Of all the fields of personal and organisational practice, applied improvisation and self-organising, emergent processes such as Open Space are the ones that ought to be a space for very fluid, emergent, and probably transitory forms to come into being.
Networks are pretty structural and I would suggest they bind unnecessarily what is possible in play.
The world of “improvisation” has developed into a range of communities, many of which have coalesced around the usual gurus and key books (the “storage jars of the spirit”, as Rudolf Steiner called them). Applied Improvisation is one. Improvisation in drama education is another. Open Space is another.
There are conferences, with registration fees and administration processes and, thankfully, these days the programmes still have a high representation of simply allowing open spaces to exist within the start-finish, time and date enclosed, fixed events structures of these conferences. At many such happenings, improvised play becomes something akin to a warm lake of good feeling and laughter that one dips into, serving as a kind of oasis in overstructured, prescribed and proscribed professional lives and practices. There is often much important sharing and powerful learning as well. But we’ve then begun to institutionalise this feel-good factor (people want more of it and see it as a new string to their personal or professional bows), and the networks start to develop cult-like tendencies, in which challenge and questioning is associated with “misery-making” and “spoiling”. Why would anyone challenge the “feel good” that we try to repeat at each new conference? Feel-good starts to become confused with authentic community, challenge starts to be marginalised and, worst of all, “play” becomes a predictable, paradoxical constant.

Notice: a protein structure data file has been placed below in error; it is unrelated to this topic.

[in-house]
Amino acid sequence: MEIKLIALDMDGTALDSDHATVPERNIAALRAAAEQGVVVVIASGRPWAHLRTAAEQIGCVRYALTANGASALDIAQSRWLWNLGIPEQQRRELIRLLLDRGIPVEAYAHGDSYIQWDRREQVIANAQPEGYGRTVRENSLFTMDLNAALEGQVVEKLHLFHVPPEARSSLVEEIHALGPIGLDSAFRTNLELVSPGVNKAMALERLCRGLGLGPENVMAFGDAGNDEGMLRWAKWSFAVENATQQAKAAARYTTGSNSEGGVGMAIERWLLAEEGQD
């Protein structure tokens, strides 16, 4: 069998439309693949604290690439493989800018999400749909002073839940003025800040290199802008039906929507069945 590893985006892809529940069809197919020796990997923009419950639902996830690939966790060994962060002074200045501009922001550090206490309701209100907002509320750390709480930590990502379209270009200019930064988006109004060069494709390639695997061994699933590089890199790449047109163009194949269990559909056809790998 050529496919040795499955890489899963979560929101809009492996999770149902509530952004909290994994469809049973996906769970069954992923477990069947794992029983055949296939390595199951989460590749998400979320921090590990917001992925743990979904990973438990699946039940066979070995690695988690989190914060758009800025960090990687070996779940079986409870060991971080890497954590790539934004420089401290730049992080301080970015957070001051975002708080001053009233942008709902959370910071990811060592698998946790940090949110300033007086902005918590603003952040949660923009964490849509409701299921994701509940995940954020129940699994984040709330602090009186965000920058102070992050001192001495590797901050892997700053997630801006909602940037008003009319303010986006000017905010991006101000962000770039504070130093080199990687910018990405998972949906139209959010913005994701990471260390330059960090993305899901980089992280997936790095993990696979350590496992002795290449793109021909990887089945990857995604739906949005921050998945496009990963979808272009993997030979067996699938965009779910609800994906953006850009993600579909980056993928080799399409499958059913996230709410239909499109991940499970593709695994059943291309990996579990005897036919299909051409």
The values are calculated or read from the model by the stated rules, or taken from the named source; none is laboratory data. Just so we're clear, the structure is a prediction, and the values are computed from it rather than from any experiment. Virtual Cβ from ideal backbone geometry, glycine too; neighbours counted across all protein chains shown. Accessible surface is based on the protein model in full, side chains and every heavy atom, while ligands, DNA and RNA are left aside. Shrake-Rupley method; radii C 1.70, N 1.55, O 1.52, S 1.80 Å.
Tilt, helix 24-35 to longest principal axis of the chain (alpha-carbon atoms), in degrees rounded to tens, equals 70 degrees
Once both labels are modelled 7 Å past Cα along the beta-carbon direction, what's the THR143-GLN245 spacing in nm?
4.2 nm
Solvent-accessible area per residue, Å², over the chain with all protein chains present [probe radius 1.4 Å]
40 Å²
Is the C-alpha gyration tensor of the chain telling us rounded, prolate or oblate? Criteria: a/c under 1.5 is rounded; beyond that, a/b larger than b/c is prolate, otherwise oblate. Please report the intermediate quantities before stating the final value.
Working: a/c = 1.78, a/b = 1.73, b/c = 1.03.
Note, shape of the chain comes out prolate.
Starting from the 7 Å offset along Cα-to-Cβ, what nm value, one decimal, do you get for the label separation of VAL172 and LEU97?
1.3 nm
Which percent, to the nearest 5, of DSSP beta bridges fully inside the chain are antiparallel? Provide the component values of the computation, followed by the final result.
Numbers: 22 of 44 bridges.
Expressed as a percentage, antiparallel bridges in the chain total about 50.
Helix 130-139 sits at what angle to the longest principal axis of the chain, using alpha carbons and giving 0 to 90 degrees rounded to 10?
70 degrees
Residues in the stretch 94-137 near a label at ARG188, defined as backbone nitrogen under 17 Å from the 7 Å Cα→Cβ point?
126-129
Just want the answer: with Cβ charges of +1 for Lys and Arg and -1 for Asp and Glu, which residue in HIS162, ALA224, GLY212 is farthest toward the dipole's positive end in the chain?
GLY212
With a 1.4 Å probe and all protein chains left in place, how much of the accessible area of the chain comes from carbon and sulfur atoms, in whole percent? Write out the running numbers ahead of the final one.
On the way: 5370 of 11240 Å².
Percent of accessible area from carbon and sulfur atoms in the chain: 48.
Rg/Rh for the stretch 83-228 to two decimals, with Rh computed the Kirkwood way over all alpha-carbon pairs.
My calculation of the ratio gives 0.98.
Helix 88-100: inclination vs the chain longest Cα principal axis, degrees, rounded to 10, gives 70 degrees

Yet, the whole notion of being in the moment, of the unplanned, emergent, fluid and air nature of improvisation suggests, though harder to “manage” and “strategise” (and therefore inconvenient for empire builders), our “community” needs to really be open to not becoming too permanently defined, to not becoming too structurally fixed, to not “norming” in the name of coordination. Communities of play can, if allowed, appear and wonderfully disappear, evolve and involve, self-destruct in good ways in order to create fundamental spaces not just for new structures to grow, but also for new foundations – deep foundations – to also “play” into reality. A sure sign of that play really taking place is that both comfort and discomfort sit reasonably equally on either side of learning and transformation.
So, I’d argue for impermanence, for us to resist organising too cleverly and tactically, for us to dance away from instituitionalisation, for us to sit wonderfully uneasily with who and what we are as an “applied improvisation” community (and we can play at renaming that from time to time), for us not aping the forms of the past with “chairmen” and “presidents” and “deadlines”(which are of course, dead), for rules, membership, constitutions, regulations and assessment processes aiming at fixed professionalisation.
Surely this, of all fields, has something to offer humanity as an alternative to the dogmas that have perhaps atrophied our culture and created narrow-view living and working.
Play defies definition when it is truly emergent and spontaneous. It really is okay for things to be transitional, undefined; we may look messier from the outside, when we live the spirit of our ever-morphing field, and yet play also delivers tangibly from moment to moment when applied socially and organisationally – it can address questions and challenges that come to meet us – and we can respond with an ability (as response-ability) – not with a shelf full of books, structures and strictures, with “tools and techniques”, but with acting, now-based, listening, where we invent our field anew in each moment. We see it work from day to day, and in the moment. So, let’s have the confidence not to cast it into stone. Our field is made of gorgeous, malleable clay and mud!
Any structures which do serve us for a period of time (such as a conference or club, a network, or a course) should not be repeated per se in the name of security (a fixed thing) and dogmatic feel good, but should be subjected to the core processes of the very field in which we love to work – we should subject applied improvisation to improvisation, to raw play, to emergent critique and questioning without being seen as unwelcome “disturbers of the status quo”. Where does “status quo” sit with a field that has improvisation at its heart?
Over to you…